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Part Number: ISO1050
We now use ISO1050DUBR, there's a risk of short circuit between CANL and 24Vdc(system power supply).
Base on this, I made a test like that: When system on communicated, I shorted 24Vdc power to CANL pin, keeps 5 seconds, then disconnected keeps 5 seconds; repeat shorted and disconnected; after 5-6 times like that, communication interrupted. IC CANL impedance GND2 is about 100 ohms.
then, this is my doubt: ISO1050DUBR bus fault voltage is -27~40V; how can I understand this value? why I add 24Vdc on CANL will damage the IC.
thanks for your attention, and wait for you.
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In reply to Abhi Aarey:
Wanted to add on to what Abhi has said here. As he mentioned, a block diagram would be helpful.
It looks like you are able to induce damage to side 2 of the ISO1050DUB. You are correct, that the absolute max for the CANH and CANL pins is -27 to +40V, so at first glance it is an unexpected result that you were able to damage the device with 24V. However, there are a few possibilities.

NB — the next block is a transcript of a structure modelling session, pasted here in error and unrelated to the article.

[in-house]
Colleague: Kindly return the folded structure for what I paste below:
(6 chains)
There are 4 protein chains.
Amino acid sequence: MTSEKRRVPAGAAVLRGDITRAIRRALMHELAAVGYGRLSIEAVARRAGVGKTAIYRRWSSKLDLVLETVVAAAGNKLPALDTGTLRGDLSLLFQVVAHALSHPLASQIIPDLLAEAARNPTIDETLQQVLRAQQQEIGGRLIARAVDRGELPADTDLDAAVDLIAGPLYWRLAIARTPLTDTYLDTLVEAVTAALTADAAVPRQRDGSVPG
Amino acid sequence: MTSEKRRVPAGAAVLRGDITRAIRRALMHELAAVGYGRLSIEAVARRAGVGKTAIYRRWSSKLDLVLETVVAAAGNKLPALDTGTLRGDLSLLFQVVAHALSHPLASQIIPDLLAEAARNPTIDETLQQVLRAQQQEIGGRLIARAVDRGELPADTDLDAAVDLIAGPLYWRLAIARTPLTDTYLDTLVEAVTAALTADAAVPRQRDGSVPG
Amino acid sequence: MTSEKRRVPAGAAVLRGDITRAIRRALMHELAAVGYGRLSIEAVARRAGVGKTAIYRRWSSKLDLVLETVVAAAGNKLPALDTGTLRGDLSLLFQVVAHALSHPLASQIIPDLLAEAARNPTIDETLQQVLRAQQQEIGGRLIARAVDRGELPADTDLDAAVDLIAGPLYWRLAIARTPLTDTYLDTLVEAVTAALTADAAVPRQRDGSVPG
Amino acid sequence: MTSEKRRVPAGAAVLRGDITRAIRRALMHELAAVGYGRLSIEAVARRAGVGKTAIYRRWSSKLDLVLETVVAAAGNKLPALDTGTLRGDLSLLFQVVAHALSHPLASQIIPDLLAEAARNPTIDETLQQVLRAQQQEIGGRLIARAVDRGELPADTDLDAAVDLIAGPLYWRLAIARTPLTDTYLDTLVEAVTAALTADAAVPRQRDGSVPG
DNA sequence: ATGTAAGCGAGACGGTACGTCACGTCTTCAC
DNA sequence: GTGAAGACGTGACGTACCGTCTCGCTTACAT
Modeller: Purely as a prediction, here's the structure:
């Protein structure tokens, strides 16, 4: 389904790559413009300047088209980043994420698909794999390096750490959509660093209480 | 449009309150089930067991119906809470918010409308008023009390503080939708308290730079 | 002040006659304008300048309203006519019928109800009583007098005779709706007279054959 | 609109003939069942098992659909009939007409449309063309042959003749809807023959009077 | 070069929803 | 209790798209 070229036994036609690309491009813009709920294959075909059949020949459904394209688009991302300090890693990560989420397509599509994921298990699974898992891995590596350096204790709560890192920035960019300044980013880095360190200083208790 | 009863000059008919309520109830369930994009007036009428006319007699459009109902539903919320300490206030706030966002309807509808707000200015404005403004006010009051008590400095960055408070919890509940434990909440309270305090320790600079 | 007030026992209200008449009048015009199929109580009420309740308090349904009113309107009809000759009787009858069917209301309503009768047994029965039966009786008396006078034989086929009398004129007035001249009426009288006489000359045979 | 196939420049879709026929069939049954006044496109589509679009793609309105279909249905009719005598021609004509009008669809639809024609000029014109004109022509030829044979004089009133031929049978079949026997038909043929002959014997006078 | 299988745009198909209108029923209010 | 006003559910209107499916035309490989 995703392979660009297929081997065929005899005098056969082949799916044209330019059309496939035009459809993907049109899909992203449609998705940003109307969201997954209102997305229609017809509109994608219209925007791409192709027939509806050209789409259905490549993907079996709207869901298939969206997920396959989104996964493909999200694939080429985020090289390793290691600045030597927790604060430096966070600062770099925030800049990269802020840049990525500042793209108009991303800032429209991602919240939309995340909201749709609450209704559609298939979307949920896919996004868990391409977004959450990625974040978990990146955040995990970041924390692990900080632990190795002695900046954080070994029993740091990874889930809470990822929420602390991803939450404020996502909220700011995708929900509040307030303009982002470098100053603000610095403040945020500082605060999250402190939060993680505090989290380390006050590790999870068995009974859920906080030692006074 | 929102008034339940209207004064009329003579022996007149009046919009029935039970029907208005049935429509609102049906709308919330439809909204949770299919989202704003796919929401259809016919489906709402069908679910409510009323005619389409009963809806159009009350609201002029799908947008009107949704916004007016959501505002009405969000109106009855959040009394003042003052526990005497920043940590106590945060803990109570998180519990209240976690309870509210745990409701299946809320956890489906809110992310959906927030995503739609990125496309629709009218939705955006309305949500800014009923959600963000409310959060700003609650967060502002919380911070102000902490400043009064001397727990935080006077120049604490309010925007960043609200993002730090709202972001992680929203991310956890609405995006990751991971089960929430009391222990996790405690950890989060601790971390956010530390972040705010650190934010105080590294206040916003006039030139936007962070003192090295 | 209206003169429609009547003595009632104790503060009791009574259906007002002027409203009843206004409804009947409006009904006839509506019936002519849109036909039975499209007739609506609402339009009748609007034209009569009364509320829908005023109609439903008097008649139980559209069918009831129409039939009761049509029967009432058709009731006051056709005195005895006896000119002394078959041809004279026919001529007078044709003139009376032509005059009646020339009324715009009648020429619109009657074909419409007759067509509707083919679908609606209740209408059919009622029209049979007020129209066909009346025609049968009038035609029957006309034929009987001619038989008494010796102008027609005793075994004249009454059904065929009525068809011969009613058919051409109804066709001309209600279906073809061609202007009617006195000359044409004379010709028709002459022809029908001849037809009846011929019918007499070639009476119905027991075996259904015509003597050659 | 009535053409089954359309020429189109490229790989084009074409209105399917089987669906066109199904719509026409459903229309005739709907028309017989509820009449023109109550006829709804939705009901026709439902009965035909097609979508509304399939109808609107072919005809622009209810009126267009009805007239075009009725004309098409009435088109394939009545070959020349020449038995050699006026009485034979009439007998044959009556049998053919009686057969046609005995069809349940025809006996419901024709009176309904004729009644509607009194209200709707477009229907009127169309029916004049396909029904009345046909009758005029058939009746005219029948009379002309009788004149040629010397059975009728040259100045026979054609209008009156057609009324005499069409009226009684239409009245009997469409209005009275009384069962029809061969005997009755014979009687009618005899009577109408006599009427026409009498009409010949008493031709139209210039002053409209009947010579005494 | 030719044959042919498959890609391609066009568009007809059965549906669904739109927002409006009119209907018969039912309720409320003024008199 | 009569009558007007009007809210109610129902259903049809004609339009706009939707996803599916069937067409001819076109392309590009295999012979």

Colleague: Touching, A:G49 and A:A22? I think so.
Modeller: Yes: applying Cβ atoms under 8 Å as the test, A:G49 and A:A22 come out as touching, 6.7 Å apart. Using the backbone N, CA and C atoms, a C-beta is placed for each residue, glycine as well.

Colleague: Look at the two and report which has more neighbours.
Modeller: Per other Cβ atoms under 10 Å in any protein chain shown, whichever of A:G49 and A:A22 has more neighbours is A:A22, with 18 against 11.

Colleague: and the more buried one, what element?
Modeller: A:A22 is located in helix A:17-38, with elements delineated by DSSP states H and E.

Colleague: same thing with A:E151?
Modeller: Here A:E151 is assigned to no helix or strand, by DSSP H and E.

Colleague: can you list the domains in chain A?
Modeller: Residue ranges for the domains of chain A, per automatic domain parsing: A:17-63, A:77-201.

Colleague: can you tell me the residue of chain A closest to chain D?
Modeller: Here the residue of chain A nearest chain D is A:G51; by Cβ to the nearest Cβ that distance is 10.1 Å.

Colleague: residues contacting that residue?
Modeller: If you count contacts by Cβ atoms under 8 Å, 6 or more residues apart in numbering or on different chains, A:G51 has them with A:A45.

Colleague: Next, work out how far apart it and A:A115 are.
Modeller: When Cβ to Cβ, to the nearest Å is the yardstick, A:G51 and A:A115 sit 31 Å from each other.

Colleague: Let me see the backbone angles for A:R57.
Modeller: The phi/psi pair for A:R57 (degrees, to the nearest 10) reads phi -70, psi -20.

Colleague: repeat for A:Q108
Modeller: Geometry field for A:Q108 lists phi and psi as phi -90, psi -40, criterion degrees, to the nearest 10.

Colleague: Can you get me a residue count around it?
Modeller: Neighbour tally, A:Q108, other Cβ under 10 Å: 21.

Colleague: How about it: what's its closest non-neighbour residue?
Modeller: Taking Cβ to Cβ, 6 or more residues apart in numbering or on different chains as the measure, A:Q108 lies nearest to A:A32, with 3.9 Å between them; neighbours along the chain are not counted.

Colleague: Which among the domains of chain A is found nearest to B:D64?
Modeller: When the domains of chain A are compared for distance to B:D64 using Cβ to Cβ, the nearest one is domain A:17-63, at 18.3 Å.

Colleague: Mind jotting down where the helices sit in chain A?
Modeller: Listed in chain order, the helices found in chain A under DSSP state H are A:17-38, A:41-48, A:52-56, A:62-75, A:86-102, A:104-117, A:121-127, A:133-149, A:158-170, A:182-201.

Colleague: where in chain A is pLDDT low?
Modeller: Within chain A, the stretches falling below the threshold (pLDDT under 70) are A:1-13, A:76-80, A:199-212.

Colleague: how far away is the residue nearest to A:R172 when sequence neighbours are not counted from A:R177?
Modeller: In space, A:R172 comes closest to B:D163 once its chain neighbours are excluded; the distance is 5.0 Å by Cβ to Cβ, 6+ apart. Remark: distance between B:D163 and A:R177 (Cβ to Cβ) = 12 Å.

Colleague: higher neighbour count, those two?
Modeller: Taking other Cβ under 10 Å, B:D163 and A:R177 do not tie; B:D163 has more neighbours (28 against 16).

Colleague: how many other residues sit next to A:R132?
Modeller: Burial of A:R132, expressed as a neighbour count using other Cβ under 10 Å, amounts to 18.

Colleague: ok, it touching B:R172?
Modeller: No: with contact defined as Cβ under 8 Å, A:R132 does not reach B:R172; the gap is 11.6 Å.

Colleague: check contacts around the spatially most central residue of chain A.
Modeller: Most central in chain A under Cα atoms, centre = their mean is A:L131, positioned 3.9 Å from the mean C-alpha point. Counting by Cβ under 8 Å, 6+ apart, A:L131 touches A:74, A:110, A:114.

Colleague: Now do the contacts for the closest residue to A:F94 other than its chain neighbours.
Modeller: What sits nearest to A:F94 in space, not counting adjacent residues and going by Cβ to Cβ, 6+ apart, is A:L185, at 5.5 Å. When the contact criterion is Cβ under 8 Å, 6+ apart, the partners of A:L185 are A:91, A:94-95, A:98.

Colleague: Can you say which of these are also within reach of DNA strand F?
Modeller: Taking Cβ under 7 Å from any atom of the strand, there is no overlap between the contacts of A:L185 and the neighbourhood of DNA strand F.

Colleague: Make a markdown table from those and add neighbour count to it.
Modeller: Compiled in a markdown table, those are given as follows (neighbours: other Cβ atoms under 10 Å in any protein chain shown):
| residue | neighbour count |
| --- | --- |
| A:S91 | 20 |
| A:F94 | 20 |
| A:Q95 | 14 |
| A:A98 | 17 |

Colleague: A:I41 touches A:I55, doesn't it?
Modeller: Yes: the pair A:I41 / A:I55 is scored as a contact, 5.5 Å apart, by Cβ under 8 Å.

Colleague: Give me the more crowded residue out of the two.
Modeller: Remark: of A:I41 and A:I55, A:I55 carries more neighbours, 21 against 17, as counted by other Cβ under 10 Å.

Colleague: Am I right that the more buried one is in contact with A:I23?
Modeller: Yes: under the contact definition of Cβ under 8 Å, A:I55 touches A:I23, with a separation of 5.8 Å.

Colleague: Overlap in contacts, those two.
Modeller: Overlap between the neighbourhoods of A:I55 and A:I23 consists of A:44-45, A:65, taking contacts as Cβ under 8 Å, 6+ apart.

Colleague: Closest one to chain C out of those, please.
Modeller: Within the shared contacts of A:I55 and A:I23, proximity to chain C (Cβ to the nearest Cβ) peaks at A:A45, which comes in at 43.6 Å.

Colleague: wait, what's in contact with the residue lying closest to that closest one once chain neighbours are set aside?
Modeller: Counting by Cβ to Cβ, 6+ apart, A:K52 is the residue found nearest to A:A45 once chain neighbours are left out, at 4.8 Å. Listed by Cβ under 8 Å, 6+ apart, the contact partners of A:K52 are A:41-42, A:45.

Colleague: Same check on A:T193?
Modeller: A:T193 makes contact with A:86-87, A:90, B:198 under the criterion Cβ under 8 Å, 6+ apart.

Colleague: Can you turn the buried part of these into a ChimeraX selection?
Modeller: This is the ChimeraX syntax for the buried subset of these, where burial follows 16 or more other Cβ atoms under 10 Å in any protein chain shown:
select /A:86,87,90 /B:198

Are you transmitting on the CAN bus during this fault event (24V shorted to CANL)? One thing to note, is that while the abs max rating for CANH, CANL is -27V to +40V, damage could still occur if there is too much current. Note that the short circuit current limit is only defined for the recommended operating conditions,-12V to +12V. See section 6.6 of the ISO1050 datasheet (page 7). Relevant section pasted below:
If the ISO1050 is trying to drive a dominant on the bus while CANL is shorted to 24V, this could lead to quite a fair bit of current inside the device. Perhaps if this fault condition was held for a long duration for a higher current we could damage the driver and therefore see 100 ohms between CANL and GND2.
Abhi mentioned that the ISO1042 has an extended abs max range. It also has an extended short-circuit current limit on CANL from -5V to +40V which would easily cover your 24V. See section 6.10 of the ISO1042 datasheet (page 10). Relevant section pasted below:
For a new design, I would recommend you switch to the ISO1042DWV as I think it would be much better suited to deal with this fault condition.
In reply to Dan Kisling:
I haven't heard from you in a few days. Were you resolve your issue with ISO1050?
Thanks for your detailed explanation. We understood it now.
And, will test ISO1042-Q1 on next step; a little pity, it's not a p2p part with ISO1050.
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